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sented by so great a name no sacrifice was too great.

We are nearly at the end of our space, without, unfortunately, being nearly at the end of our subject. The travels of Mr. Youmans in England and on the continent of Europe, sometimes in the company of Spencer; his correspondence with members of his family in this country; his labors in arranging for the publication of the International Scientific Series, in connection with which he visited Paris, Berlin, and Leipsic, and came into personal relations with the leading savants of France and Germany; finally, his establishment of The Popular Science Monthly, chiefly on the strength of a series of original articles by Spencer, on The Study of Sociology, would admit of extensive and interesting treatment; but for all this we must refer our readers to the book itself. The aim of this notice has been to indicate to the many who knew Prof. Youmans only by name what manner of man he was, and what services he rendered in the cause of intellectual progress. Prof. Fiske, with the skill of an accomplished writer and the sympathy of an intimate friend and most sincere admirer, has given the finer as well as the broader lineaments of his character in a manner that leaves little to be desired. That so energetic a worker, with so capable a brain and so large a heart, should have died at the comparatively early age of sixty-five is a matter for profound regret, particularly as we are compelled to attribute it to the same want of care for his general health and over-devotion to work which brought on, and then aggravated, his early trouble with his eyes. As a writer Prof. Youmans had a style of his own, full of nervous force and grace—a style ample and rich, and yet admirably precise. Some of his essays are published as an appendix to the biography, and form most interesting and instructive reading. From these his dominant ideas and purposes may be gathered; and no one can read many pages without seeing and feeling that here was no intellectual dilettante, but a man with a mission, and that the lofty one of dissipating ignorance and prejudice, spreading the light of science, and preparing the way for those "nobler modes of life" of which seers have prophesied and poets sung.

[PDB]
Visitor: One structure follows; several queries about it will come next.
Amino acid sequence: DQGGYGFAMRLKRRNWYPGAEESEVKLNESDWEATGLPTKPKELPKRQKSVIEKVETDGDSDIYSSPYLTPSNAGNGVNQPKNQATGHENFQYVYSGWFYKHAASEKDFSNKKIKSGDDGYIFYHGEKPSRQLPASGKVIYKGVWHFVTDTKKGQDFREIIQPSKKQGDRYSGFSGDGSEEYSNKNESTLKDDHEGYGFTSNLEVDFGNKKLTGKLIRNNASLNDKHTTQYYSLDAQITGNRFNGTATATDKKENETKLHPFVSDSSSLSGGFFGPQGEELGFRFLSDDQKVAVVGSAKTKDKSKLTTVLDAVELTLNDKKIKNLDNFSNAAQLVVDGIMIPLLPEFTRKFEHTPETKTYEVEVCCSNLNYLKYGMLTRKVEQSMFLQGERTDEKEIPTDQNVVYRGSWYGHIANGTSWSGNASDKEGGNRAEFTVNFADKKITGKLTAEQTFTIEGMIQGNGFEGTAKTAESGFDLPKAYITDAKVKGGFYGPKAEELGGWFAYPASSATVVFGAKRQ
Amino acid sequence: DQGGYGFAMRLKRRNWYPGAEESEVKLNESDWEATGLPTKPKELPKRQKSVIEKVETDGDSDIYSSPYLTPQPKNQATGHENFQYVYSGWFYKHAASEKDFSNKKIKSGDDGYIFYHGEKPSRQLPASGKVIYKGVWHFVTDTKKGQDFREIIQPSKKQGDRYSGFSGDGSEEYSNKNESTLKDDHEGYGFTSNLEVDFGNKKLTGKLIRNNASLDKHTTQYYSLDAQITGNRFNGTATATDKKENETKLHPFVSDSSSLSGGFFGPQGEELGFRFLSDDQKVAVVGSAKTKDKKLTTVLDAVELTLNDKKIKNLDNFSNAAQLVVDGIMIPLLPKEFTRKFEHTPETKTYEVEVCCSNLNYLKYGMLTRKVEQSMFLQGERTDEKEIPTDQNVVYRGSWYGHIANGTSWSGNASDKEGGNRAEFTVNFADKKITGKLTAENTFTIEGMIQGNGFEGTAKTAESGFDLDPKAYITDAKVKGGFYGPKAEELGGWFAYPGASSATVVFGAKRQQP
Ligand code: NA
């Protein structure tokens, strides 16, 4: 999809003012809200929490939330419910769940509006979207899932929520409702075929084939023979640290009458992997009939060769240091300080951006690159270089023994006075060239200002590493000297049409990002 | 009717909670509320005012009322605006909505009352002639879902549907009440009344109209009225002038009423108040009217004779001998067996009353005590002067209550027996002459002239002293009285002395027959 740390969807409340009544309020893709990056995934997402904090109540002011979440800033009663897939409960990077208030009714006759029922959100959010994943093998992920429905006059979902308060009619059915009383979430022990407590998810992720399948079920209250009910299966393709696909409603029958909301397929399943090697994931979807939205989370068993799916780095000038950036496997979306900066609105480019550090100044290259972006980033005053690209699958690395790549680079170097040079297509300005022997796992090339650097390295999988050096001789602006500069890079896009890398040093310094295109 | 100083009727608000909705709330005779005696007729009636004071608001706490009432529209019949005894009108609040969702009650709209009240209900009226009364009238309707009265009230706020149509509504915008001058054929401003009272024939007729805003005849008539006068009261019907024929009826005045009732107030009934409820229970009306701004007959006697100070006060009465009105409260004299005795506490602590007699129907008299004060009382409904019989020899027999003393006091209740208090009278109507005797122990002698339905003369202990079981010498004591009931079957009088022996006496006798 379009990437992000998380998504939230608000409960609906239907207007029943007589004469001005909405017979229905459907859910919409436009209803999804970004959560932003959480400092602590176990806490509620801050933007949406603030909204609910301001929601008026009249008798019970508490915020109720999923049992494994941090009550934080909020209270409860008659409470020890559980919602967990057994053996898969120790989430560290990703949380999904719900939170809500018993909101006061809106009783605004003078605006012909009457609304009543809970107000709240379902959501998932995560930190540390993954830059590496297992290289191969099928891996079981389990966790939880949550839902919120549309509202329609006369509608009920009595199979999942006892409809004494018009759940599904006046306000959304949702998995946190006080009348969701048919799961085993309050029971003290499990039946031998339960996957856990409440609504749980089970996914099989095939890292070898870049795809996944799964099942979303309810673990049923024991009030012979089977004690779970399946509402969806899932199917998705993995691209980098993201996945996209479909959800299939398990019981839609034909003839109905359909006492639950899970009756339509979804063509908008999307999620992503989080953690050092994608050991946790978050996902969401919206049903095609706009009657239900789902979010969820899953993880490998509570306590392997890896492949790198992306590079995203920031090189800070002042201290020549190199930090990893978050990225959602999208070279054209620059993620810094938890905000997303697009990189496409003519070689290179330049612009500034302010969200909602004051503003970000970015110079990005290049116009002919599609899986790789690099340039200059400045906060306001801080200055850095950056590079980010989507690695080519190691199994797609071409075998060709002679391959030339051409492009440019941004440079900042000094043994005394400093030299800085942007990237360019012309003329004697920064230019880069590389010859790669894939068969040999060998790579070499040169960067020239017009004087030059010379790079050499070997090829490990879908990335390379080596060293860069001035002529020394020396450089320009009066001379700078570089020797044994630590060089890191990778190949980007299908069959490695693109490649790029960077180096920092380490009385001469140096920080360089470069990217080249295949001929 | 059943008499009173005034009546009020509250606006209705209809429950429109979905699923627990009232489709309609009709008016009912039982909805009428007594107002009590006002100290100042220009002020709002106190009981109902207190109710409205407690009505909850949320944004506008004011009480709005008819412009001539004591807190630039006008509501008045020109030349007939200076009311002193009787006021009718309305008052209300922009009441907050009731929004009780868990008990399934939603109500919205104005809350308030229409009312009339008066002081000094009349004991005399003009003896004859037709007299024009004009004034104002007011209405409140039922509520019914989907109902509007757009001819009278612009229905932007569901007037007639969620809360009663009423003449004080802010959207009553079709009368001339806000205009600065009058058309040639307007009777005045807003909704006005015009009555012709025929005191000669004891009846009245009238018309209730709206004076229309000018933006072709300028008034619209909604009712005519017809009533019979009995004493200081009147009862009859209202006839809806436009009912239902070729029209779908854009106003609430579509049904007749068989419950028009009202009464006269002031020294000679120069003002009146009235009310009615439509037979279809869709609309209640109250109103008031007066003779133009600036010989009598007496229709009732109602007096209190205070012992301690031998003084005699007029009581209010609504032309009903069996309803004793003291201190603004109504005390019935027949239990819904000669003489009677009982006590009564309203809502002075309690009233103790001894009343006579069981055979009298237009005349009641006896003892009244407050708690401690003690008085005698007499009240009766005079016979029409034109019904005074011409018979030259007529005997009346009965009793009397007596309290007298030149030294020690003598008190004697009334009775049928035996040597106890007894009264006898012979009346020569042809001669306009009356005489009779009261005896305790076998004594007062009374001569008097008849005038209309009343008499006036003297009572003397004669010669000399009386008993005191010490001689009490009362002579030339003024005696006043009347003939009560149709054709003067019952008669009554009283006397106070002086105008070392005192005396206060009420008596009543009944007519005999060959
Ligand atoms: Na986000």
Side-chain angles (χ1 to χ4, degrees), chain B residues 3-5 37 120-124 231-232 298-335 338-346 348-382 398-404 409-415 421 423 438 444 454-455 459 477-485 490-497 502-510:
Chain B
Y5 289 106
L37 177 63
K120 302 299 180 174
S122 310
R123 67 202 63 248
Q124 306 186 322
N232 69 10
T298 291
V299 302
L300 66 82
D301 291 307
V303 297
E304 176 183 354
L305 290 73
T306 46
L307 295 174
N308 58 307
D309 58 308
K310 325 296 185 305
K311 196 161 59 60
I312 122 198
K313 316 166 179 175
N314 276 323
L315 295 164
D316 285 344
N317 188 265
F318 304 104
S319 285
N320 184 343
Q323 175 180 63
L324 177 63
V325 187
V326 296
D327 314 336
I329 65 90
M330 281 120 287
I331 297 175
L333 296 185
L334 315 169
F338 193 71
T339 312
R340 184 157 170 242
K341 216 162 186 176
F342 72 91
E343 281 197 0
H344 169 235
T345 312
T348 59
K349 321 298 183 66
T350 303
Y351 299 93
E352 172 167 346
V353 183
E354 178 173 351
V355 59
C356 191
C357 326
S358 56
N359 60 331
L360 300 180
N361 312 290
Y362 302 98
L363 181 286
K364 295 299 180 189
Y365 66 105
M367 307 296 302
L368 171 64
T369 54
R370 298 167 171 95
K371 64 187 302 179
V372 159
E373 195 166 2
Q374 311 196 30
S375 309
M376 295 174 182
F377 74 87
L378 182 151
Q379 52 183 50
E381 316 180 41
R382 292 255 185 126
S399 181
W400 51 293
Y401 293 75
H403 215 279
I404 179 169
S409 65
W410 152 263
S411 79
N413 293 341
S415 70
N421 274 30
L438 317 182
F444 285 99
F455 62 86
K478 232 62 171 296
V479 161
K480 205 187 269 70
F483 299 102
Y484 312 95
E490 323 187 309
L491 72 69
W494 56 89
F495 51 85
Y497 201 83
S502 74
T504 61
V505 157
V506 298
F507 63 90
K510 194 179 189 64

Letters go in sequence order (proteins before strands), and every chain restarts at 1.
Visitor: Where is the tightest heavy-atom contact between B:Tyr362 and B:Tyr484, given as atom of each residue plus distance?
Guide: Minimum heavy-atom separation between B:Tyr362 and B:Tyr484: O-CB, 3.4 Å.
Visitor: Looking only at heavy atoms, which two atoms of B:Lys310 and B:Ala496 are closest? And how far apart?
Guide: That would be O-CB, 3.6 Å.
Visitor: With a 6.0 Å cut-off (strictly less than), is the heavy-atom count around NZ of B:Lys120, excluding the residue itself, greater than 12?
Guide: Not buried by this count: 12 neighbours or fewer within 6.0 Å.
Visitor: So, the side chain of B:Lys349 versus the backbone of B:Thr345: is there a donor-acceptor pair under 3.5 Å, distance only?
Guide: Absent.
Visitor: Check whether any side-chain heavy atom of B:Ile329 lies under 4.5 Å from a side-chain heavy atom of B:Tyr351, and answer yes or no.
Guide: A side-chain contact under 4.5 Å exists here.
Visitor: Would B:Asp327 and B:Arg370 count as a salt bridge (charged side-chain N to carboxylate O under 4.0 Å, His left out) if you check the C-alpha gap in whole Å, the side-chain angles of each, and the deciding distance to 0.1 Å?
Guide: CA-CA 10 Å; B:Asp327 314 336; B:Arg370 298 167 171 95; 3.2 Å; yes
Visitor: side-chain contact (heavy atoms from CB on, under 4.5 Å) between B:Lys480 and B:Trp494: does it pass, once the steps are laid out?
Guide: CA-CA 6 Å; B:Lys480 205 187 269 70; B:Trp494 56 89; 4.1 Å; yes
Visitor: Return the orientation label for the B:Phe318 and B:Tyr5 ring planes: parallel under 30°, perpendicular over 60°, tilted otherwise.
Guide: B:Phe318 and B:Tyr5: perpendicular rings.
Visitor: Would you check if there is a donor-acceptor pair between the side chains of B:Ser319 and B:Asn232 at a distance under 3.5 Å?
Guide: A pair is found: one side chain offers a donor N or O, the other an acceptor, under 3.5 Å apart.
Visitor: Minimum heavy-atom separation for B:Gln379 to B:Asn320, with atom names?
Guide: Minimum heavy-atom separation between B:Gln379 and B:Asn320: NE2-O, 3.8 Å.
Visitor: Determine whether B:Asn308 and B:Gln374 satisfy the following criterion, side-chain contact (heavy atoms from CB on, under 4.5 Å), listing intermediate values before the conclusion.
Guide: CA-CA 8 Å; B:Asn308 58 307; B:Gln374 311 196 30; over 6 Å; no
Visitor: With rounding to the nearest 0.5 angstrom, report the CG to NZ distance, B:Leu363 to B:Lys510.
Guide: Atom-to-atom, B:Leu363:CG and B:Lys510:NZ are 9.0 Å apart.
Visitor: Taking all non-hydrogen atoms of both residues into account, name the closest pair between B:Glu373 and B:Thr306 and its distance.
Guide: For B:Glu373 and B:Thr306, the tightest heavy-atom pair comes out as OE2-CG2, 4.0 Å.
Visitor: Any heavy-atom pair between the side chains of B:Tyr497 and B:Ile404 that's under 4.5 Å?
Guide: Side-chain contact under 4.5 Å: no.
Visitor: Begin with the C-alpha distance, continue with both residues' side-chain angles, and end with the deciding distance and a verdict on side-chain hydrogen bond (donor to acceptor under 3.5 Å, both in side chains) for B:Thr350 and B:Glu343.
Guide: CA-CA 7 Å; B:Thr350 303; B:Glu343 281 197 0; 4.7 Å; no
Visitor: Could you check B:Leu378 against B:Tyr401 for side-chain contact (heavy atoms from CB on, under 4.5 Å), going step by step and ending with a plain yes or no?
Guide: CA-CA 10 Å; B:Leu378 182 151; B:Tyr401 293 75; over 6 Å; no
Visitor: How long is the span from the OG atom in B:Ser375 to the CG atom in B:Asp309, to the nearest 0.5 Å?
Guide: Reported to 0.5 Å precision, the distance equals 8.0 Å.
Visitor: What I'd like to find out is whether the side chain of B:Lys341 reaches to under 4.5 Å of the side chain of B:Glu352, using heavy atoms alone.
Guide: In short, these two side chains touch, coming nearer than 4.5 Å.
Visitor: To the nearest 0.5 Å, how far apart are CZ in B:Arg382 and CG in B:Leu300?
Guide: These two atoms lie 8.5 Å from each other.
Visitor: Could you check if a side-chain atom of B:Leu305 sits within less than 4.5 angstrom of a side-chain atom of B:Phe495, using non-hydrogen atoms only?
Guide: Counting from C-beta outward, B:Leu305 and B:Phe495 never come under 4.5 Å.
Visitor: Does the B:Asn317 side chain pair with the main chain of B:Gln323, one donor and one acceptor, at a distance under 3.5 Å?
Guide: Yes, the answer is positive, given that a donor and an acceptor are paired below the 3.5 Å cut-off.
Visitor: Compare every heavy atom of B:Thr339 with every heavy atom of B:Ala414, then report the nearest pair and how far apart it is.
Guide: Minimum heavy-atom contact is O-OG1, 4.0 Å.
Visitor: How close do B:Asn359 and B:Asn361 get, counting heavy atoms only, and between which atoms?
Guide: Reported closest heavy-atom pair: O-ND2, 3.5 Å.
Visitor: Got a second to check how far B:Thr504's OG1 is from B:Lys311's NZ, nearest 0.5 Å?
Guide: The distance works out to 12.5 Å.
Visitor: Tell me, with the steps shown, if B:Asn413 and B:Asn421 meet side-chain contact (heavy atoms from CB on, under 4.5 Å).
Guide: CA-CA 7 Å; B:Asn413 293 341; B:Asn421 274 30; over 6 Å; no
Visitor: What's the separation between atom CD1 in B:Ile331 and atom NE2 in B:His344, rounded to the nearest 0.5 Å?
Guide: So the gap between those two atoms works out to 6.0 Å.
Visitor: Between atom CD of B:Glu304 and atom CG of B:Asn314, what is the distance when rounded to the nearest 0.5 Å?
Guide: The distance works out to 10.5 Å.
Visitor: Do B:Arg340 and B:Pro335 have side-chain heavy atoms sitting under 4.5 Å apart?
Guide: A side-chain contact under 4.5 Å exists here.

The Genus Salpa. A Monograph, with Fifty-seven Plates. By William K. Brooks, Ph. D., LL. D. With a supplementary Paper by Maynard M. Metcalf. Memoirs from the Biological Laboratory of the Johns Hopkins University. Vol. II. Baltimore, 1893. Price, $7.50.

This bulky quarto, with its companion volume of fifty-seven plates, is a monumental work. It is the result of years of concentrated effort, and is a credit to American science.

The subject of the investigation is a pelagic or free-swimming Ascidian, confined to the high seas, and exceptional even in a group whose larvæ are plainly allied to vertebrates, while the adults have lost nearly every resemblance to their vertebrate allies by the degeneration and loss of their vertebrate features. Salpa is aptly described by Prof. Brooks as a transparent swimming Tunicate, which in effect is "an enormous pharynx which swims through the water, gulping in great mouthfuls at each contraction of its muscles." Happily the supply of radiolarian and diatom food is unlimited, and hence Salpæ multiply in immense profusion and with astonishing rapidity.

Salpæ under favoring conditions of food, and perhaps other physical causes not discussed by the author, reproduce both sexually and asexually. Each species has two generations in its life-cycle, known as the solitary generation and the aggregated generation. Chamisso, the poet, novelist, and biologist, first discovered this. The solitary salpa is born from an egg which is carried within the body of the aggregated salpa, whose blood nourishes the embryo during its development by means of a nutritive placenta. On the other hand, the aggregated or chain salpa are produced asexually by budding from the body of the solitary salpa.

This placenta, as Brooks shows, contrary to the views of some writers, has only a superficial resemblance to the fœtal organ of the mammals; it is an independent structure, being in the salpa only of use in conveying food to the embryo. This food has been discovered by the author to be great placenta cells which migrate from the body of the chain salpa into the body cavity of the embryo. Hence the embryo salpa stands in a much more direct relation to the external world than the mammalian embryo.